|Hey Jude, atheists ain't so bad.|
Let's have a look one sentence at a time:
(Jude 1:12-13) They are like clouds carried along by the wind, but bringing no rain
Oh, you must mean people like Hector Berlioz, Percy Grainger, or Sergei Prokofiev. Totally un-inspirational.
They are like trees that bear no fruit, even in autumn, trees that have been pulled up by the roots and are completely dead
Yup, I know the type. Surely you're referring to Kurt Vonnegut, George Orwell or Isaac Asimov. These jerks never contributed anything to society.
They are like waves of the sea, with their shameful deeds showing up like foam
Of course, this couldn't possibly refer to Rush Limbaugh, Jerry Fallwell, Larry Craig [pdf], Ted Haggard, John Ensign, or Mark Sanford, etc.
They are like wandering stars, for whom God has reserved a place forever in the deepest darkness
I actually think this is an apt simile; the bright minds of Albert Einstein, Francis Crick, Stephen Hawking, and Thomas Edison (yes, the inventor of the freakin-light bulb), are intellectual stars that are responsible for lighting up the darkness so promoted by rubes like Rick Santorum.Few people, religious or not, are as brilliantly prolific as those mentioned above, but non-believers make up a greater proportion of society than you might think. Depending on how the question is worded, polls have found non-religious people constitute up to 15% of the US population. And while they may not necessarily be re-defining physics, they are actively working to make society better. Just google "atheist community service" and you'll find ample evidence of this fact.
And yet, we're still the least trusted and least electable demographic group in the US. My personal feeling is that this is likely due in large part because the general populace doesn't personally know any atheists. Atheists don't have a human face for them to relate to. There's no personal relationship...that they know of. There's a good chance, especially if you live in or near a large metropolitan area that you know at least a few atheists. But the catch-22 of it is that they are probably likely to be reluctant to talk about their non-belief because religious people are so overwhelmingly dominant in the public discourse, which heavily contributes to non-believers not wanting to speak out, less they be rebuked and ostracized.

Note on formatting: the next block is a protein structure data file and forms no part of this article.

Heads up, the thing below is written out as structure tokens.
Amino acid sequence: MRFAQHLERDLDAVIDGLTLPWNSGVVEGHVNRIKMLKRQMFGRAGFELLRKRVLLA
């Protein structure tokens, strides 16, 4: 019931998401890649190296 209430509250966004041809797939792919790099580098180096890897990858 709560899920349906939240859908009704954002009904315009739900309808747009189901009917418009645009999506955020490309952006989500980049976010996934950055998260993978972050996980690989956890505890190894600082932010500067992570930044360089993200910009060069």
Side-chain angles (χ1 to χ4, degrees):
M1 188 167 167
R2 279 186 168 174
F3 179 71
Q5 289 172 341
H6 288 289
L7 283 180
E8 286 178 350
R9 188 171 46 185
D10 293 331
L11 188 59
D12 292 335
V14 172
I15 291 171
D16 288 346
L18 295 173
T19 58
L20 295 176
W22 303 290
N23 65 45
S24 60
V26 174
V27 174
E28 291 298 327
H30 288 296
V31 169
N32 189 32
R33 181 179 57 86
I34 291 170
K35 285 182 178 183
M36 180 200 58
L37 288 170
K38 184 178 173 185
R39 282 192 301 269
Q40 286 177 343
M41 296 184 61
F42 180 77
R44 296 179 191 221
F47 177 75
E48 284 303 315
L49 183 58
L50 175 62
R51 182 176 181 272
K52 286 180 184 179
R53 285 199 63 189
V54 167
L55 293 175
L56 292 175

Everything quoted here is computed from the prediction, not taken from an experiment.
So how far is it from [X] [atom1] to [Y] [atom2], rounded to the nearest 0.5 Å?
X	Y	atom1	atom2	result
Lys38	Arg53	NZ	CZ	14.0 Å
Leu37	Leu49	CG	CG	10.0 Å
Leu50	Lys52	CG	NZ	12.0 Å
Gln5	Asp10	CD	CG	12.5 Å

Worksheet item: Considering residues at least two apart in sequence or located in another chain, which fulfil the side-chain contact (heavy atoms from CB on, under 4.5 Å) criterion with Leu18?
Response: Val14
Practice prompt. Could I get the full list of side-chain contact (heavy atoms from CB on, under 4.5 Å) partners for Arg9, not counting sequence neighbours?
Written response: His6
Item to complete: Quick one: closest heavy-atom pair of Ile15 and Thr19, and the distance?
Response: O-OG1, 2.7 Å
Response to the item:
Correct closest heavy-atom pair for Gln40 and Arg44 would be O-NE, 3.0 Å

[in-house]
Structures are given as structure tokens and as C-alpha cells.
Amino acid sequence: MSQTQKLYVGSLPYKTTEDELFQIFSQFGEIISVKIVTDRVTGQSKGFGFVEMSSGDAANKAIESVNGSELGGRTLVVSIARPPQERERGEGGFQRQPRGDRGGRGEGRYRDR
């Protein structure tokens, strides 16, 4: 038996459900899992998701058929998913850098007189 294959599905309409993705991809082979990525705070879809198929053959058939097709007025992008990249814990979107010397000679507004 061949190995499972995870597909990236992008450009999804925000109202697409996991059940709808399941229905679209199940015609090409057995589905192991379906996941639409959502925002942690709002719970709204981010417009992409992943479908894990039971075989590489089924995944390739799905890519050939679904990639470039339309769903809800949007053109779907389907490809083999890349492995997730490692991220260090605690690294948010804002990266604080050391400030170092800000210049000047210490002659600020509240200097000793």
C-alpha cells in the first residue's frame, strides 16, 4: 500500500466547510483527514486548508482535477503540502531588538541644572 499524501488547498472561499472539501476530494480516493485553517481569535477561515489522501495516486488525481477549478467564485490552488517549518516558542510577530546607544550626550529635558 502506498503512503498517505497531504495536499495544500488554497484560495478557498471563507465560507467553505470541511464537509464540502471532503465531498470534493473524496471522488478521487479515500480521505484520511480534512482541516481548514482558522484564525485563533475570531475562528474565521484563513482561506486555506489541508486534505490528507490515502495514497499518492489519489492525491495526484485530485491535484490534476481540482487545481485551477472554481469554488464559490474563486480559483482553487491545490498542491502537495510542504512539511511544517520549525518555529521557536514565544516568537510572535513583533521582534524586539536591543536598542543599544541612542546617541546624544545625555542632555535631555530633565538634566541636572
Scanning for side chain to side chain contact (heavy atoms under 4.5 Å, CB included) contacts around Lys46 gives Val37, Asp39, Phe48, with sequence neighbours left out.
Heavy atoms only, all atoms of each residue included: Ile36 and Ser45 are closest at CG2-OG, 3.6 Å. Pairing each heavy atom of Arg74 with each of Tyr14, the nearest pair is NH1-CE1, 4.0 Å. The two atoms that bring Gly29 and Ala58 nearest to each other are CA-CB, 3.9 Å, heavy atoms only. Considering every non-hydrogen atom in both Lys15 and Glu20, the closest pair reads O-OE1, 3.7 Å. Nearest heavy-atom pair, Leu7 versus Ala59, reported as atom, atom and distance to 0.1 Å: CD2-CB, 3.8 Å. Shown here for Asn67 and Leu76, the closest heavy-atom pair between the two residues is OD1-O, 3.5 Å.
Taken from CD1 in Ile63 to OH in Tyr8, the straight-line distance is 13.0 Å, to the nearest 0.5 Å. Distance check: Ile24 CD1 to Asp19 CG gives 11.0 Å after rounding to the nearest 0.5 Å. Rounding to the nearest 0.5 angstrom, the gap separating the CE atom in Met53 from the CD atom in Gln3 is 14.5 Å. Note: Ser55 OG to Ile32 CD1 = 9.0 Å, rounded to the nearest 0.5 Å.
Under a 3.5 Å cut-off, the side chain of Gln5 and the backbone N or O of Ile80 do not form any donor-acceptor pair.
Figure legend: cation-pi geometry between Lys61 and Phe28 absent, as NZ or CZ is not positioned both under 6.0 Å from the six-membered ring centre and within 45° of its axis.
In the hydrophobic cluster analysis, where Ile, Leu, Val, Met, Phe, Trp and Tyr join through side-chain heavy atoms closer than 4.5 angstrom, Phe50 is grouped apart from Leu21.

On a personal note, when I began to talk about my lack of belief frankly with friends (as the topic came up), I was pleasantly surprised that so many friends were of the same general opinion on religion and the existence of god.
I think this highlights the importance of not hiding one's godless views: 1) there are more people than you think that are in the same boat and 2) if we are to ever hope of weakening religion' sexist, misogynistic, patriarchal, anti-intellectual grip on US society, it will require making ourselves known and promoting ourselves as the normal, moral, and concerned citizens that we are.
If you live in the Washington, DC area or are inclined to make the trip, the Reason Rally is being held on the National Mall on March 24th. It should be a great opportunity to see the breadth of the movement, connect with other non-believers, and hear a great lineup of speakers.